Ever since, I’ve been using the Nip+Fab products in my daily skincare routine and owe the clearance of my acne scars to one of their best-selling creams (that I now can’t find anywhere). I had no idea when I started this book that Maria was behind the brand as I only knew her from Rodial – the more luxury skincare brand that she also founded.
Reading this book as a customer, made me feel a lot more connected to the book and even a part of the journey. Along the journey that Maria has taken, she gives advice, talks about lessons learned and speaks a lot about knowing her own brand and knowing herself what was right for every aspect of it. I definitely recommend!
5. The Art and Craft of PR by Sandra Stahl
I was gifted this book last year by LID Publishing and read it as soon as I received it. But I thought I would re-read again as it included some information on Influencer Marketing that could come in useful for my dissertation.
This is a great book for anyone in PR and talks about the history and future of what’s to come. I especially loved the ending of the book which featured a lot of industry professionals giving their advice to PR professionals just starting out or about to start out in the PR world.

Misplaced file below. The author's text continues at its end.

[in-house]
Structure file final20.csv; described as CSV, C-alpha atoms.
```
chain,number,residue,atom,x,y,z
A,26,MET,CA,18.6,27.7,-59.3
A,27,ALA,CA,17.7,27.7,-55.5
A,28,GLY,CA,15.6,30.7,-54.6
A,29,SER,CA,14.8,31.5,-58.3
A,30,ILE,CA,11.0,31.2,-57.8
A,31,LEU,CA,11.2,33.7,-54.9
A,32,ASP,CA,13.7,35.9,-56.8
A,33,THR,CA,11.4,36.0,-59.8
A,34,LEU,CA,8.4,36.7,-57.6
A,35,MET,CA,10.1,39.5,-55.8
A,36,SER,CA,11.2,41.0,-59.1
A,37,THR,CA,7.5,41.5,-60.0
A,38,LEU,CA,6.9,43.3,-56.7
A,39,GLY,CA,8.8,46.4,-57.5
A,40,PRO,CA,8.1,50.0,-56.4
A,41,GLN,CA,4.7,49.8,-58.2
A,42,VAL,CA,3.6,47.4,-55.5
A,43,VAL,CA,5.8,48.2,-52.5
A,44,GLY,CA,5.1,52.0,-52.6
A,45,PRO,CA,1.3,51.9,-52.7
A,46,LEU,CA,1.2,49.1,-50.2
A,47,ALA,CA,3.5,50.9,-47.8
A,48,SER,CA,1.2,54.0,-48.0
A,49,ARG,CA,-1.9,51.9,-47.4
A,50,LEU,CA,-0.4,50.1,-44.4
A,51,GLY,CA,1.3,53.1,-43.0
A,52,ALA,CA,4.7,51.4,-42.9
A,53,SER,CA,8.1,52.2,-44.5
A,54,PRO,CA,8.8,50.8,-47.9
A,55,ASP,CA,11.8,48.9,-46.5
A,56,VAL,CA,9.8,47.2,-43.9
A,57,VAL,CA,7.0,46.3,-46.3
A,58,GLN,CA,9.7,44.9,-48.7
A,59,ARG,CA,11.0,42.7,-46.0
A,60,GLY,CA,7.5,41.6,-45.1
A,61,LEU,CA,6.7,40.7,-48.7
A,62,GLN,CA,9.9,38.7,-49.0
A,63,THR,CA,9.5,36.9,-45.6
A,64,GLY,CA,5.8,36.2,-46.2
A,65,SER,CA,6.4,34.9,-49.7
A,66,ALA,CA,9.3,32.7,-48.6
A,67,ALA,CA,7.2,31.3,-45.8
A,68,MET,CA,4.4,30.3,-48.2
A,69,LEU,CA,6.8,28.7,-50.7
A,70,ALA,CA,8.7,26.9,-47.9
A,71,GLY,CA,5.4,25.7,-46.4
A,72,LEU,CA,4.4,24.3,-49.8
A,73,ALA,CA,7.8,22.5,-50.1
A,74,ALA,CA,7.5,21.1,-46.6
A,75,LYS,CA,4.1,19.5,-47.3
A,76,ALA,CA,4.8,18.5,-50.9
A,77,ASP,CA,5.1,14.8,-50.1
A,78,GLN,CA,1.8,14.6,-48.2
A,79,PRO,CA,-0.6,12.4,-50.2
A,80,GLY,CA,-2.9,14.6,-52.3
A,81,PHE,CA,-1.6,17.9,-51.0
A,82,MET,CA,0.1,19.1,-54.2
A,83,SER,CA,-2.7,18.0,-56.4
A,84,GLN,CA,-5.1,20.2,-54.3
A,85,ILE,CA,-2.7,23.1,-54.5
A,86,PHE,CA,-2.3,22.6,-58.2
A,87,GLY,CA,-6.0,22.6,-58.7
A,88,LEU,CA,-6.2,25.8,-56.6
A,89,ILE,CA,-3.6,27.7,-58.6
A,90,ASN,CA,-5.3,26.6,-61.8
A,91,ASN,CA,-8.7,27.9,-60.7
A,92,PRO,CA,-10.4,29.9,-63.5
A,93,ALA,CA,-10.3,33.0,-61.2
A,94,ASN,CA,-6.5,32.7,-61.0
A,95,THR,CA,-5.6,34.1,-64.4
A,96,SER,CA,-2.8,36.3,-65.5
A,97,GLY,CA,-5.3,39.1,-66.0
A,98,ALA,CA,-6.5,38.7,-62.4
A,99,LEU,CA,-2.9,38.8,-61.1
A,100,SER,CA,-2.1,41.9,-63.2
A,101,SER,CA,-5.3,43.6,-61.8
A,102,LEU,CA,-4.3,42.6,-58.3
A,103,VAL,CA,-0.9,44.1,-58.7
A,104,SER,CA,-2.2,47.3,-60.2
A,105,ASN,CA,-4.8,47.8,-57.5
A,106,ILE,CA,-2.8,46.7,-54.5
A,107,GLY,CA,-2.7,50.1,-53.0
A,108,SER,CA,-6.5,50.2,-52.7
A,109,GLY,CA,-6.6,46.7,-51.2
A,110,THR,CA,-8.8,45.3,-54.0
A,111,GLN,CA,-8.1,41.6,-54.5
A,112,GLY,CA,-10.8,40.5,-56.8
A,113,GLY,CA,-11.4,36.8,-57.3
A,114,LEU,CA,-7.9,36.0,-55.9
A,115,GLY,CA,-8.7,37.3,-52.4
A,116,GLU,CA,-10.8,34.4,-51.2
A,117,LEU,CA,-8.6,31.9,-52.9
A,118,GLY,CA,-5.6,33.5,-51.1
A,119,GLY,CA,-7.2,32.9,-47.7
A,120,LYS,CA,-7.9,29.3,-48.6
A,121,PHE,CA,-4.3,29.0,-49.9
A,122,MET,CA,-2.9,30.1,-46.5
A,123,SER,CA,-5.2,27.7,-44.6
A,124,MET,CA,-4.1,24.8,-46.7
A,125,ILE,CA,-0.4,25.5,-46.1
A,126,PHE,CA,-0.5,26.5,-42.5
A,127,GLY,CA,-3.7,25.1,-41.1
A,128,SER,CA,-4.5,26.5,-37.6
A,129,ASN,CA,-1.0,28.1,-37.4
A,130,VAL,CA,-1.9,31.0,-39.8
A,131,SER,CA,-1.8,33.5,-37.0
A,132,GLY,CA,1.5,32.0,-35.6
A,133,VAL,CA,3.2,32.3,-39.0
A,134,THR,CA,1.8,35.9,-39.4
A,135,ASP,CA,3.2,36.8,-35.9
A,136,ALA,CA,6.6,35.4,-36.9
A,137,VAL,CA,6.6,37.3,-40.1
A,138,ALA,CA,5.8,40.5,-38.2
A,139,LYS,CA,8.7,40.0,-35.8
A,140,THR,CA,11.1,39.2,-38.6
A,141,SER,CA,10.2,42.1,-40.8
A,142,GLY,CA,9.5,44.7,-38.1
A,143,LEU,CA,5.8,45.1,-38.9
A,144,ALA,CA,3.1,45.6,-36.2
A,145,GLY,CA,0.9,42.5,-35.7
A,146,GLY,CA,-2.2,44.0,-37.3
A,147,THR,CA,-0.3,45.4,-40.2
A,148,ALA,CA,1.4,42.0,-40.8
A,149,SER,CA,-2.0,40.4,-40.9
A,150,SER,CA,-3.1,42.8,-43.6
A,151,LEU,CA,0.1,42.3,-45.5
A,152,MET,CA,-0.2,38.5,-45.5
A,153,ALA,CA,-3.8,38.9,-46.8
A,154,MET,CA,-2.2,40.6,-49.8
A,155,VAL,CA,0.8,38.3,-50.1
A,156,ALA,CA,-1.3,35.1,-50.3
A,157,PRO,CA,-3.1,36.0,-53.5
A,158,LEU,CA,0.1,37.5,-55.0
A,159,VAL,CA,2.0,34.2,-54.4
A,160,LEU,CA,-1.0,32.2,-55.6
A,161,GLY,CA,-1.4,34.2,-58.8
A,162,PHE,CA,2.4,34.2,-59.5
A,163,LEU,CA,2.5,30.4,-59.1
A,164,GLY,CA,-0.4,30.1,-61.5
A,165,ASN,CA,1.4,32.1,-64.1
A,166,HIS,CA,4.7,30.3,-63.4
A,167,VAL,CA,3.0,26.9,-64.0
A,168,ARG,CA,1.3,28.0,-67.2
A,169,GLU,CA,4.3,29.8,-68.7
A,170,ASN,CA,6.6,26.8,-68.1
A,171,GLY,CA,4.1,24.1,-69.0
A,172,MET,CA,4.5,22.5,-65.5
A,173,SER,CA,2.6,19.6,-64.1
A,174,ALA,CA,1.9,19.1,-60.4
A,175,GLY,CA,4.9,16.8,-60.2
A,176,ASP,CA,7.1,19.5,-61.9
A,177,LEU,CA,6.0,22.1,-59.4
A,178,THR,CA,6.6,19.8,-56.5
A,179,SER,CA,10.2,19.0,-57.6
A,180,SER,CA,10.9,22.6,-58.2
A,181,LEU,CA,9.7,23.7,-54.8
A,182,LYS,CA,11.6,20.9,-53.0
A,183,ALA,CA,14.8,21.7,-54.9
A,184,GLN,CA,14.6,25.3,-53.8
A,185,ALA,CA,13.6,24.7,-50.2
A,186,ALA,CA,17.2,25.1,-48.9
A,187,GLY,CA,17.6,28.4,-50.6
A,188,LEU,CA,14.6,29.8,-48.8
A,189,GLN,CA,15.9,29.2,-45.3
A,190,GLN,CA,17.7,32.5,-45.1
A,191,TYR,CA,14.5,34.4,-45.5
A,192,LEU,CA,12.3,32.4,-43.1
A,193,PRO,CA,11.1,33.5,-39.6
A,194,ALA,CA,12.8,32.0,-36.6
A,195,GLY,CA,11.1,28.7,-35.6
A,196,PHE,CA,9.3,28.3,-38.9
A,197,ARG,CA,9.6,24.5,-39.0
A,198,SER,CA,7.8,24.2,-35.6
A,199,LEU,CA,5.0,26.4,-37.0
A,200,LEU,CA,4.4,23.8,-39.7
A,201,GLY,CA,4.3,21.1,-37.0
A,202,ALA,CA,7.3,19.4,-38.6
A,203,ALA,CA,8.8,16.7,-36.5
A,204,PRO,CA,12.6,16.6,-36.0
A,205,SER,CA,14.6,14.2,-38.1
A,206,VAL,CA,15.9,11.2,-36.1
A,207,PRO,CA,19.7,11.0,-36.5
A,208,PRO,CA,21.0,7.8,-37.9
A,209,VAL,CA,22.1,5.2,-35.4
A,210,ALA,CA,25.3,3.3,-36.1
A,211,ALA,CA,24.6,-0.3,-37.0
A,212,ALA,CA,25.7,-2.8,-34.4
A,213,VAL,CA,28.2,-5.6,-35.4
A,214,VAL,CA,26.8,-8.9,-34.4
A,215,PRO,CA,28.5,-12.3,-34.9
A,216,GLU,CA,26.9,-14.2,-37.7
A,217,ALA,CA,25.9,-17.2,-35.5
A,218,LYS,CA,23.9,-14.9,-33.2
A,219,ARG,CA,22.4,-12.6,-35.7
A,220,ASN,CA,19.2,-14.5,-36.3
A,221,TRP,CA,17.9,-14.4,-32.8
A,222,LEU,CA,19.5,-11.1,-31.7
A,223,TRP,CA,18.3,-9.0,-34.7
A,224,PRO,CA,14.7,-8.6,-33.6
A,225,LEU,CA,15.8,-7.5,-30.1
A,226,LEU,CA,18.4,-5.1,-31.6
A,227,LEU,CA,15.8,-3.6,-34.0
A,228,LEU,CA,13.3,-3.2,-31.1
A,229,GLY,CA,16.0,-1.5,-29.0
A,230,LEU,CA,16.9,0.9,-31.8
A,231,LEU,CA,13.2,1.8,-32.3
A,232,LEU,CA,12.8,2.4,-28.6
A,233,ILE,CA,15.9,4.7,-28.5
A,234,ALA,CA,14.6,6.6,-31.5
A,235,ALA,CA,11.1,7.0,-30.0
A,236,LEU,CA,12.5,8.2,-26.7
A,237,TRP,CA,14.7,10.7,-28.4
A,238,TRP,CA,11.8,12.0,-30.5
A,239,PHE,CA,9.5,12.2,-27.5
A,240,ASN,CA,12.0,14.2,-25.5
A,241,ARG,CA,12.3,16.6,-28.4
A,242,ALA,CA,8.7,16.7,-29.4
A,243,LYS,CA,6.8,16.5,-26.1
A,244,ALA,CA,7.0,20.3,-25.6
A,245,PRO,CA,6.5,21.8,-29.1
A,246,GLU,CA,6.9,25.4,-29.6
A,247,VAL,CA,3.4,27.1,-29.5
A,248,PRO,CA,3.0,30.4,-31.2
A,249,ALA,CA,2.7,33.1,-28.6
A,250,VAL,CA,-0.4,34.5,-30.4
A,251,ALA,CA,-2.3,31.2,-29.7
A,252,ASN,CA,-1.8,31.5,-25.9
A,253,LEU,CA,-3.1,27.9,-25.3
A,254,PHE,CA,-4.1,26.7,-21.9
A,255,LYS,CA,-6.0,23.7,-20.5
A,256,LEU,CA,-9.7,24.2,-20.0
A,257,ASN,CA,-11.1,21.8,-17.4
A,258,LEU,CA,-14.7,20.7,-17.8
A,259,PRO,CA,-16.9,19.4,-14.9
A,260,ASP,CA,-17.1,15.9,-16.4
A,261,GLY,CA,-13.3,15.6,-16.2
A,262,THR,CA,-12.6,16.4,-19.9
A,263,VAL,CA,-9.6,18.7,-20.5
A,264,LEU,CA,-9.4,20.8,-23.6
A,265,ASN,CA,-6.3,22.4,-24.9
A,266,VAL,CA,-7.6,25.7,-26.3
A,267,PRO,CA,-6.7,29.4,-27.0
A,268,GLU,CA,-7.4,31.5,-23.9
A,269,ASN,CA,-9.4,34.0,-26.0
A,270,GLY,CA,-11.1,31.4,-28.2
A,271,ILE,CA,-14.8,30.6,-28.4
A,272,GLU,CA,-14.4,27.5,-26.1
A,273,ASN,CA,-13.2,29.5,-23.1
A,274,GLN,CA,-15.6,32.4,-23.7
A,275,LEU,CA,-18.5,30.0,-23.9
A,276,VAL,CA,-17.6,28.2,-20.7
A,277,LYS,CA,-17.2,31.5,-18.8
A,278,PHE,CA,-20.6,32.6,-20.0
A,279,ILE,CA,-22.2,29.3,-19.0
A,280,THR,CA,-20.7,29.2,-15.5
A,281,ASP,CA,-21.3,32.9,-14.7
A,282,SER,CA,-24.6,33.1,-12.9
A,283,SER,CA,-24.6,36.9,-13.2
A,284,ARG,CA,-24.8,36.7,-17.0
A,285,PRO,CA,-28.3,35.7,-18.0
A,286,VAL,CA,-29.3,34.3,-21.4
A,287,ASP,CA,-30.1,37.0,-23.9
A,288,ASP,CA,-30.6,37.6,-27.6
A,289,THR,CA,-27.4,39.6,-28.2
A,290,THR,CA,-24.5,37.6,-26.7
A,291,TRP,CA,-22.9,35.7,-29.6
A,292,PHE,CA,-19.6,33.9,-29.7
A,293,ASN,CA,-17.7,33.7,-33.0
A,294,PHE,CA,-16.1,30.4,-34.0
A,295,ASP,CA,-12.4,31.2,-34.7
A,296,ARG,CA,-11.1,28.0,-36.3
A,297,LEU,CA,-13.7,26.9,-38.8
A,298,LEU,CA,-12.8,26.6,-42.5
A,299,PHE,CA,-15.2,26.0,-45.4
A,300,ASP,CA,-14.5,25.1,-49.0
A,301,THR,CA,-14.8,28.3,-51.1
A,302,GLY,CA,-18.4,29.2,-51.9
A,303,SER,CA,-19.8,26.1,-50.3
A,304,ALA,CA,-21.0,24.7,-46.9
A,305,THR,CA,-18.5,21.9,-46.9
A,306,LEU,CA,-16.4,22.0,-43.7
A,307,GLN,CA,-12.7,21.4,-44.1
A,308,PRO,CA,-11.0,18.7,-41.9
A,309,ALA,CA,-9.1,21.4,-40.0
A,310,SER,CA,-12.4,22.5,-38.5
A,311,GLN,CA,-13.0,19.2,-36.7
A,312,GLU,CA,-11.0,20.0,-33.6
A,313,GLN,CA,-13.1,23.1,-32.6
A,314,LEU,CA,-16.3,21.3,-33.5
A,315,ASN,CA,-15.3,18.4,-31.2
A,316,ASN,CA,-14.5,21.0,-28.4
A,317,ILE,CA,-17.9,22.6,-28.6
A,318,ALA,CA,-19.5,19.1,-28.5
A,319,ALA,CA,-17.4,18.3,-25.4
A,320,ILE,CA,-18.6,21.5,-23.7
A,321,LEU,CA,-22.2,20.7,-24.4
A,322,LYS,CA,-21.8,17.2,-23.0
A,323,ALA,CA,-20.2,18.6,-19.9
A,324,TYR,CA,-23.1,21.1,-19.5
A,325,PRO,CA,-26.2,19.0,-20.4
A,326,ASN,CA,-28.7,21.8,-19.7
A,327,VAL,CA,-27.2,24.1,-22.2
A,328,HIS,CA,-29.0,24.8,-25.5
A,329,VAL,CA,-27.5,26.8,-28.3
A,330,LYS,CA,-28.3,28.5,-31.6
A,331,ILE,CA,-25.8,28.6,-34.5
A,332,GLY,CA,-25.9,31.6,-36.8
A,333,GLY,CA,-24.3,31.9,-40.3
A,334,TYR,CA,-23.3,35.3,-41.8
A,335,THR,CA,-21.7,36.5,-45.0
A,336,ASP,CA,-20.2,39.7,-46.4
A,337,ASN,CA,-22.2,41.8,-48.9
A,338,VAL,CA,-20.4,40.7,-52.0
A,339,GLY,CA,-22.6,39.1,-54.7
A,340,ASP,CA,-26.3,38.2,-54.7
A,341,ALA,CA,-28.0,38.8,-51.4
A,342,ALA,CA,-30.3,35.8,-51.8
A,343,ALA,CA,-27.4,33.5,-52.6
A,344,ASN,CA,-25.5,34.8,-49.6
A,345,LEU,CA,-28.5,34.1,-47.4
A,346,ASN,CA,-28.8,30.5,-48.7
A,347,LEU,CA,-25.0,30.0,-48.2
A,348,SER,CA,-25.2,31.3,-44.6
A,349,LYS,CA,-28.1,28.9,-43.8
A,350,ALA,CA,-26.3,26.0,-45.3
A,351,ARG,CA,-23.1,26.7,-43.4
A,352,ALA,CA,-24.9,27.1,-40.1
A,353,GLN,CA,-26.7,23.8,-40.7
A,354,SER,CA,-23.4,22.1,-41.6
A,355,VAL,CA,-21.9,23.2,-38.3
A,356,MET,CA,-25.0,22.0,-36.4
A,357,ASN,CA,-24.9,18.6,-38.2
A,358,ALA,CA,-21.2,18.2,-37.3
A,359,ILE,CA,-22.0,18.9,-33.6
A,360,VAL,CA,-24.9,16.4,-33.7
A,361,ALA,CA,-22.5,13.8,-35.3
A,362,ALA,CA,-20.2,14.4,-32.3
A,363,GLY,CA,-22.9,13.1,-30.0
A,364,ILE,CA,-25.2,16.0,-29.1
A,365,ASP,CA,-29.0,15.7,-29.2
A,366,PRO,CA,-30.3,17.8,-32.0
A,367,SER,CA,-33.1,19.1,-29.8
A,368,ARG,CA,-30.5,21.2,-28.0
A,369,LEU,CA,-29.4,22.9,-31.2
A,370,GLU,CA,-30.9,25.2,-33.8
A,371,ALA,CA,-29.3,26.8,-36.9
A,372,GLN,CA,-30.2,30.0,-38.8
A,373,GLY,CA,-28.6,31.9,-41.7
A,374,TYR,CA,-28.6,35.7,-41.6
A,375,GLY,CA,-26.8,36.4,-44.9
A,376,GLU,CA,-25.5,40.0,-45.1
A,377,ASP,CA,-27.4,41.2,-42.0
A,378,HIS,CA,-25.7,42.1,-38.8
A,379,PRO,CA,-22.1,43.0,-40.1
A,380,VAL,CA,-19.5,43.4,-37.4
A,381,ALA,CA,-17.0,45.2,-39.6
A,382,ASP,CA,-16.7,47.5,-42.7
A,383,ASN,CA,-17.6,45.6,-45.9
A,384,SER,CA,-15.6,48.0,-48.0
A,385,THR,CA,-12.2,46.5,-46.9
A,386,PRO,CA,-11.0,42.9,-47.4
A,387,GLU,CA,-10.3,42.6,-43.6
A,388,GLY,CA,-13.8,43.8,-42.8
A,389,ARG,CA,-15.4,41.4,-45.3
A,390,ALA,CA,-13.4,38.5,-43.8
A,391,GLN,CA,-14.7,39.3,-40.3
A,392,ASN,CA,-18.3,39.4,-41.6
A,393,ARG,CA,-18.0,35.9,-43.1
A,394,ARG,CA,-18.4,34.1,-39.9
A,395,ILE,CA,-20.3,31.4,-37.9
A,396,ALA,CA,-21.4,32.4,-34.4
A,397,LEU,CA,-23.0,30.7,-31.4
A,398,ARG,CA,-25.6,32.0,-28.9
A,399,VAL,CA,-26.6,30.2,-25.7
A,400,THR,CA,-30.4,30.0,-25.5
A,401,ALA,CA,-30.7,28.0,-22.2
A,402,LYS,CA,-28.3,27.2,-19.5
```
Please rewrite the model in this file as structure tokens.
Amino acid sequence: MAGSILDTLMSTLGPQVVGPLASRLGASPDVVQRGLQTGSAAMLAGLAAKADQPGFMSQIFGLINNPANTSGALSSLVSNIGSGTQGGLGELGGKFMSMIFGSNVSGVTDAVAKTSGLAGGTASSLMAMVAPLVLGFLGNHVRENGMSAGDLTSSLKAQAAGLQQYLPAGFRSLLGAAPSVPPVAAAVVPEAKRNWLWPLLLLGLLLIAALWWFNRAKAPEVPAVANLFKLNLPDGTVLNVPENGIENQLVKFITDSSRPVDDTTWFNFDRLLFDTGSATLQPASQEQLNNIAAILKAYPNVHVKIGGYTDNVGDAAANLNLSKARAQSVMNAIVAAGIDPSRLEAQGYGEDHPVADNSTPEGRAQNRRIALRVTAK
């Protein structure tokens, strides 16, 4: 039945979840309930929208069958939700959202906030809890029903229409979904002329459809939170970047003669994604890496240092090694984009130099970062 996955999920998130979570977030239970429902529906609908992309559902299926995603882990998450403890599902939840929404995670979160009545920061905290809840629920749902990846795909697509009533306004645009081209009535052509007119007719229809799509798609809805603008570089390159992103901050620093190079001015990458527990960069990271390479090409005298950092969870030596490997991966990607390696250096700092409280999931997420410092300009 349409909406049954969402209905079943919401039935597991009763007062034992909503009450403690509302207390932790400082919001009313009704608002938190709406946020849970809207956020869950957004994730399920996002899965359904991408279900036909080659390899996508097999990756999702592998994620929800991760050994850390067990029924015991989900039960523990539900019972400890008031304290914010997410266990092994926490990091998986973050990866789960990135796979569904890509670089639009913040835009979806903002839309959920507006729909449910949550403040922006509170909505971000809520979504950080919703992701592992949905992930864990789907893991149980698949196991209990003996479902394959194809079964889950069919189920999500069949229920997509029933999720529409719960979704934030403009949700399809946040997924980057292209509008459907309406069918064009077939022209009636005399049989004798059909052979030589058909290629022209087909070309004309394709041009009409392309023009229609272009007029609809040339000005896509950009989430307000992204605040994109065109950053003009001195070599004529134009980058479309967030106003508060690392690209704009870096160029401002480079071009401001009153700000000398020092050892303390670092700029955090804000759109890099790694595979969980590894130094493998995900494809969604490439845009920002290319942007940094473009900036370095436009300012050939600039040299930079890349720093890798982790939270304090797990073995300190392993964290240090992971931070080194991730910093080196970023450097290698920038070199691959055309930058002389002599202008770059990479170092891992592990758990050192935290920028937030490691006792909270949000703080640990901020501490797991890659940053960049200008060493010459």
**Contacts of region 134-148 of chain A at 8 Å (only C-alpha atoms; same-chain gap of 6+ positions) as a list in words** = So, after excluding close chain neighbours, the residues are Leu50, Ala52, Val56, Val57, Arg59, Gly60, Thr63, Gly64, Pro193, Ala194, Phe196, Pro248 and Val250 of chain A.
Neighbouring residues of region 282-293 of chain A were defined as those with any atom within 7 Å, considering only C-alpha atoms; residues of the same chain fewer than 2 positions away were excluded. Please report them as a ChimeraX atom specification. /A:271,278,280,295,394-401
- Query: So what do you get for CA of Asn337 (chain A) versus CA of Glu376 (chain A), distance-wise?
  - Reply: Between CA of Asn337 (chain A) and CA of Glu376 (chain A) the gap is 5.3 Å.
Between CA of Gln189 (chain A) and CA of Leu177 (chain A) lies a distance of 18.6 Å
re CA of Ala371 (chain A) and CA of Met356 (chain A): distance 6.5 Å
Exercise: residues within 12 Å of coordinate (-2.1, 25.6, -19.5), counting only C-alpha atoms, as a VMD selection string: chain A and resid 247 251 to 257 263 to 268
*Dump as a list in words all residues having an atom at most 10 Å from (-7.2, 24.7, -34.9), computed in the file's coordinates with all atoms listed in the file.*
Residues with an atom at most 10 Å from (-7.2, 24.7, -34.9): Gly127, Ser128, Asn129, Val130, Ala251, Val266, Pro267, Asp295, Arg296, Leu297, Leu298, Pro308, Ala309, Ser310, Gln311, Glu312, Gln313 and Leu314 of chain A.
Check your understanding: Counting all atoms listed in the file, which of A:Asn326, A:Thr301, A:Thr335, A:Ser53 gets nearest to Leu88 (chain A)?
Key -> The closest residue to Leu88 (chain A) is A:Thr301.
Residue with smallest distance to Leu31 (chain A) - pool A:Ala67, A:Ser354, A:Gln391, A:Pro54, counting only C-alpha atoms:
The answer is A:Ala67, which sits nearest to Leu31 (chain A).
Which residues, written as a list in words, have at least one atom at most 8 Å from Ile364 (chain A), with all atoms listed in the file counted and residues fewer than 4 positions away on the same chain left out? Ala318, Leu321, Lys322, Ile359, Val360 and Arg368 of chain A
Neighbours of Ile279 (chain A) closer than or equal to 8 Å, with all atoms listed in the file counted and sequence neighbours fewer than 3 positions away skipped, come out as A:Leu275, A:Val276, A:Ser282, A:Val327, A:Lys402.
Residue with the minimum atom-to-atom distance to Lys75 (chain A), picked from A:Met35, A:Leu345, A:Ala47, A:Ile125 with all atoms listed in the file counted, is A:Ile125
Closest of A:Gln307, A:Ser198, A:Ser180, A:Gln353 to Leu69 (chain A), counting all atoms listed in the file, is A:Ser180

I would advise anyone that is studying PR or just graduated to read this book for an insight into PR, great advice from esteemed professionals and examples that you can learn from. It’s very easy to read and I’m hoping to read a lot more PR books that aren’t textbooks or required reading for my course so that I can broaden my horizons a little. Recommendations welcome!
Hopefully I’ll be writing Chapter Two of the book club in the next few months as once I finish university I’ll be back to reading in my spare time and finally get round to listening to more podcasts too!